Royal Bank of Scotland saw its stock market value rise by as much as £900 million after Chancellor George Osborne announced plans to begin selling off the taxpayer's stake in it.
Shares climbed by around 2% though some City analysts questioned the timing of the announcement and one expert suggested it was unlikely that taxpayers would ever get all their money back after ploughing nearly £46 billion into saving RBS.
The Government owns 79% of the bank after rescuing it from collapse at the height of the financial crisis seven years ago.
Mr Osborne admitted in his Mansion House speech to the City last night that it stands to make a loss of about £7 billion if the entire stake is sold off in one go.
But he cited an analysis by Rothschild finding there would be an overall profit of £14 billion if all the Government's remaining shares in all the bailed-out banks were sold.
Labour claimed the Chancellor's logic was "dubious" and said taxpayers would be suspicious of any "rush to sell".
There were also question marks over the analysis in a report in The Times which suggested the £14 billion profit would be wiped out by the £18 billion cost borne by the Treasury to pay interest on the money it borrowed to finance the bail-outs.
Michael Hewson, chief market analyst at CMC Markets, said on RBS: "The fact remains it is unlikely that the UK taxpayer will ever get all of its money back and if anyone thinks otherwise, they are inhabiting a different universe to the rest of us.
"It makes more sense to get the bank back on its feet, off the Government's books and to go back to trading as a going concern free of state support, contributing to the Exchequer that way over the next 20 to 30 years."
Investec banking expert Ian Gordon said: "The timing of last night's announcement was arguably somewhat premature, dictated more by politics rather than, necessarily, an exercise in optimising market timing."
Graham Spooner, investment research analyst at The Share Centre, said: "It appears that the Government feels the shares will be better off in the hands of investors.
"However, the sale is expected to be a difficult one, as the bank is still on the road to recovery and has reported seven years of losses since the bail-out.
"We remain cautious on RBS and believe there are better opportunities for followers of the banking sector."
Mr Osborne told a City audience that beginning to sell the RBS stake in the coming months was "the right thing to do for British businesses and British taxpayers".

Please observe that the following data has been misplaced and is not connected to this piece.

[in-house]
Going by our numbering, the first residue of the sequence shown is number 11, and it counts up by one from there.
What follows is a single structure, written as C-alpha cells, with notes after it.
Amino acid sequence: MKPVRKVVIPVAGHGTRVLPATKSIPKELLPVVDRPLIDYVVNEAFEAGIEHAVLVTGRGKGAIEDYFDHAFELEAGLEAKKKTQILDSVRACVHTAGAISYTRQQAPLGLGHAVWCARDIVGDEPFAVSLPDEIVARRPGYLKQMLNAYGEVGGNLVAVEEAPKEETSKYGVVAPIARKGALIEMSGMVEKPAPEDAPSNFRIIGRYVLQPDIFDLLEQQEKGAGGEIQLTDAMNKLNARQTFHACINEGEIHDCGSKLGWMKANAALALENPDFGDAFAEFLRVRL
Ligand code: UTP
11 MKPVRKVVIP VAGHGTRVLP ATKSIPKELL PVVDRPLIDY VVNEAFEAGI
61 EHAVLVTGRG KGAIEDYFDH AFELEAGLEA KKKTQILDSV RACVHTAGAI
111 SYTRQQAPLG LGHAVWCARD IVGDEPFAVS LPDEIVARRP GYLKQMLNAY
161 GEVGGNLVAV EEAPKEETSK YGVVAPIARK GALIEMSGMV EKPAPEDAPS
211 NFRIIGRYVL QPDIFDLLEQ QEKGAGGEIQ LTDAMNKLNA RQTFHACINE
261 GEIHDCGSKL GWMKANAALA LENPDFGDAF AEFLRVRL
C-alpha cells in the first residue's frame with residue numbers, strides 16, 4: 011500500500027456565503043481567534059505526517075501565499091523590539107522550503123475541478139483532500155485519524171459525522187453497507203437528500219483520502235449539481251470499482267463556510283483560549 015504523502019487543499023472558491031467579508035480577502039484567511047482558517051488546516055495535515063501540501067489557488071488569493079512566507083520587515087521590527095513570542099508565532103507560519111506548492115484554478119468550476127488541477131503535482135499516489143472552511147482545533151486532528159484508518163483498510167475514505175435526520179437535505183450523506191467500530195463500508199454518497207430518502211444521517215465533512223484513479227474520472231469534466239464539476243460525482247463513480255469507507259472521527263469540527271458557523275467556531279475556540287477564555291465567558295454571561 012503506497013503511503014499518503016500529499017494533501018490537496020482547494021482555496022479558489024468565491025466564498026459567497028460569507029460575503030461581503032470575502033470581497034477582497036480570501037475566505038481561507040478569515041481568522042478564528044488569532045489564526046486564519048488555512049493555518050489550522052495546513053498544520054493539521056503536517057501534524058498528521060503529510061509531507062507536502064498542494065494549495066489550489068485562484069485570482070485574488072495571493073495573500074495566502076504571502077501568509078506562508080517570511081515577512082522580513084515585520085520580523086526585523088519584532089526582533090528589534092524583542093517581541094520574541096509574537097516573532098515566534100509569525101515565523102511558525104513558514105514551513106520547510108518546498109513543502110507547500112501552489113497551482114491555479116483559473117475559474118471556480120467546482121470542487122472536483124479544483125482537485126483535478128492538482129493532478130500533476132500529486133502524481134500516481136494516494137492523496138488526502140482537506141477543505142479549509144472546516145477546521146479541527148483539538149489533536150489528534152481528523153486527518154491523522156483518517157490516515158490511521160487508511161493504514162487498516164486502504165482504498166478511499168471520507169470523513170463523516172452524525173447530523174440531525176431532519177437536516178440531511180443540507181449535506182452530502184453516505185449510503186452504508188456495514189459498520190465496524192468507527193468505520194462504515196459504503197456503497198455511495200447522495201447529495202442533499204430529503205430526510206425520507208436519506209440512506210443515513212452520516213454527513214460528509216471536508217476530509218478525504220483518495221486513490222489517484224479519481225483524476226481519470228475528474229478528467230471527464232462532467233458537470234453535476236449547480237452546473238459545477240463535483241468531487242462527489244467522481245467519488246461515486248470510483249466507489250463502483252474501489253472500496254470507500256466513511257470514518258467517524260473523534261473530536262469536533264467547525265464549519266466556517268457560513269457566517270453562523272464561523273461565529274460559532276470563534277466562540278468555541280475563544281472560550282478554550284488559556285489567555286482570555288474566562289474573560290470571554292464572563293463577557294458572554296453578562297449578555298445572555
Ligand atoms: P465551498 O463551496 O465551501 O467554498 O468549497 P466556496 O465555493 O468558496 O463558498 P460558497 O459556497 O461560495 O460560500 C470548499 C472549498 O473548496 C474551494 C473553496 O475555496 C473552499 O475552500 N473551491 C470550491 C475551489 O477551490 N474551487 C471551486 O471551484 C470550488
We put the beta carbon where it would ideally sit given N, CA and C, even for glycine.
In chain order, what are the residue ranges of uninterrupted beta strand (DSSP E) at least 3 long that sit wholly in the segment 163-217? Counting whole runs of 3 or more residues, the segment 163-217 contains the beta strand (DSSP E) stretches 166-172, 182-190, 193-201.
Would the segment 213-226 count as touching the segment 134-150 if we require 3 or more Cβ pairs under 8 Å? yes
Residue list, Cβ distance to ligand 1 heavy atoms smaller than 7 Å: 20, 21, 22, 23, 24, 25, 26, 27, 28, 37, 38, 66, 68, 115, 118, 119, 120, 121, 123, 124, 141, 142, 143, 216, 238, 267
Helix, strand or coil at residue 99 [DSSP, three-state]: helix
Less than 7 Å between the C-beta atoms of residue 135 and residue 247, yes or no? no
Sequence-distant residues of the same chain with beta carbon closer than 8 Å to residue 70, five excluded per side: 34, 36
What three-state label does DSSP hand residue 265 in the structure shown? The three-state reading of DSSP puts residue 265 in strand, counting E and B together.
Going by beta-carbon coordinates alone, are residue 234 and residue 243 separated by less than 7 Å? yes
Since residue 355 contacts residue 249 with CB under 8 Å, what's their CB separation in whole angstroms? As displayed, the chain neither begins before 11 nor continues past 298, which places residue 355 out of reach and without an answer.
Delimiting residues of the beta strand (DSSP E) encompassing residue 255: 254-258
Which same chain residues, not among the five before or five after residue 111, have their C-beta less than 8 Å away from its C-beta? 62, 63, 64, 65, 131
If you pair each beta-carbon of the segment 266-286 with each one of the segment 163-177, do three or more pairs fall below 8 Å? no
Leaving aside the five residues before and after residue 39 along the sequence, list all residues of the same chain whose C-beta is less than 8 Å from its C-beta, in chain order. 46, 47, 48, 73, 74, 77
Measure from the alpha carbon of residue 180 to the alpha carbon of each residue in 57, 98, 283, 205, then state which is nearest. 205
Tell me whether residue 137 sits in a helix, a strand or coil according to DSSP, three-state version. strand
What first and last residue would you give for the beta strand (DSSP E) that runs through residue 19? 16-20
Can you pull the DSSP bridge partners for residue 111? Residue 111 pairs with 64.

"Yes, we may get a lower price than Labour paid for it. But the longer we wait, the higher the price the whole economy will pay.
"And when you take the banks in total, we're making sure taxpayers get back billions more than they were forced to put in.
"From bailing out the banks to bringing them back from the brink, now is the time for RBS to rebuild itself as a commercial bank no longer reliant on the state, but serving the working people of Britain."
In a letter to the Chancellor, Bank of England governor Mark Carney said public ownership of RBS had "largely served its purpose" and a "phased return" to private ownership would promote financial stability.
"Continued public ownership without a foreseeable end point runs risks, including limiting RBS's future strategic options, and continuing the perception that taxpayers bear responsibility for RBS losses," he said.
"In these regards, there could be considerable net costs to taxpayers of further delaying the start of a sale."
Shadow chancellorChris Leslie said: "Taxpayers who bailed out RBS want their money back in full and will rightly be suspicious of any rush to sell.
"When RBS is still restructuring the business, and awaiting a US settlement for the mis-selling of sub-prime mortgages, a premature sale poses a risk for taxpayers.
"It is highly dubious for the Chancellor to claim that significant losses on RBS are somehow acceptable because a gain can be made selling Lloyds or other completely separate assets.
"The Chancellor said two years ago that he would only countenance a sale of RBS when 'the bank is fully able to support our economy and when we get good value'. Neither of these tests have yet been passed."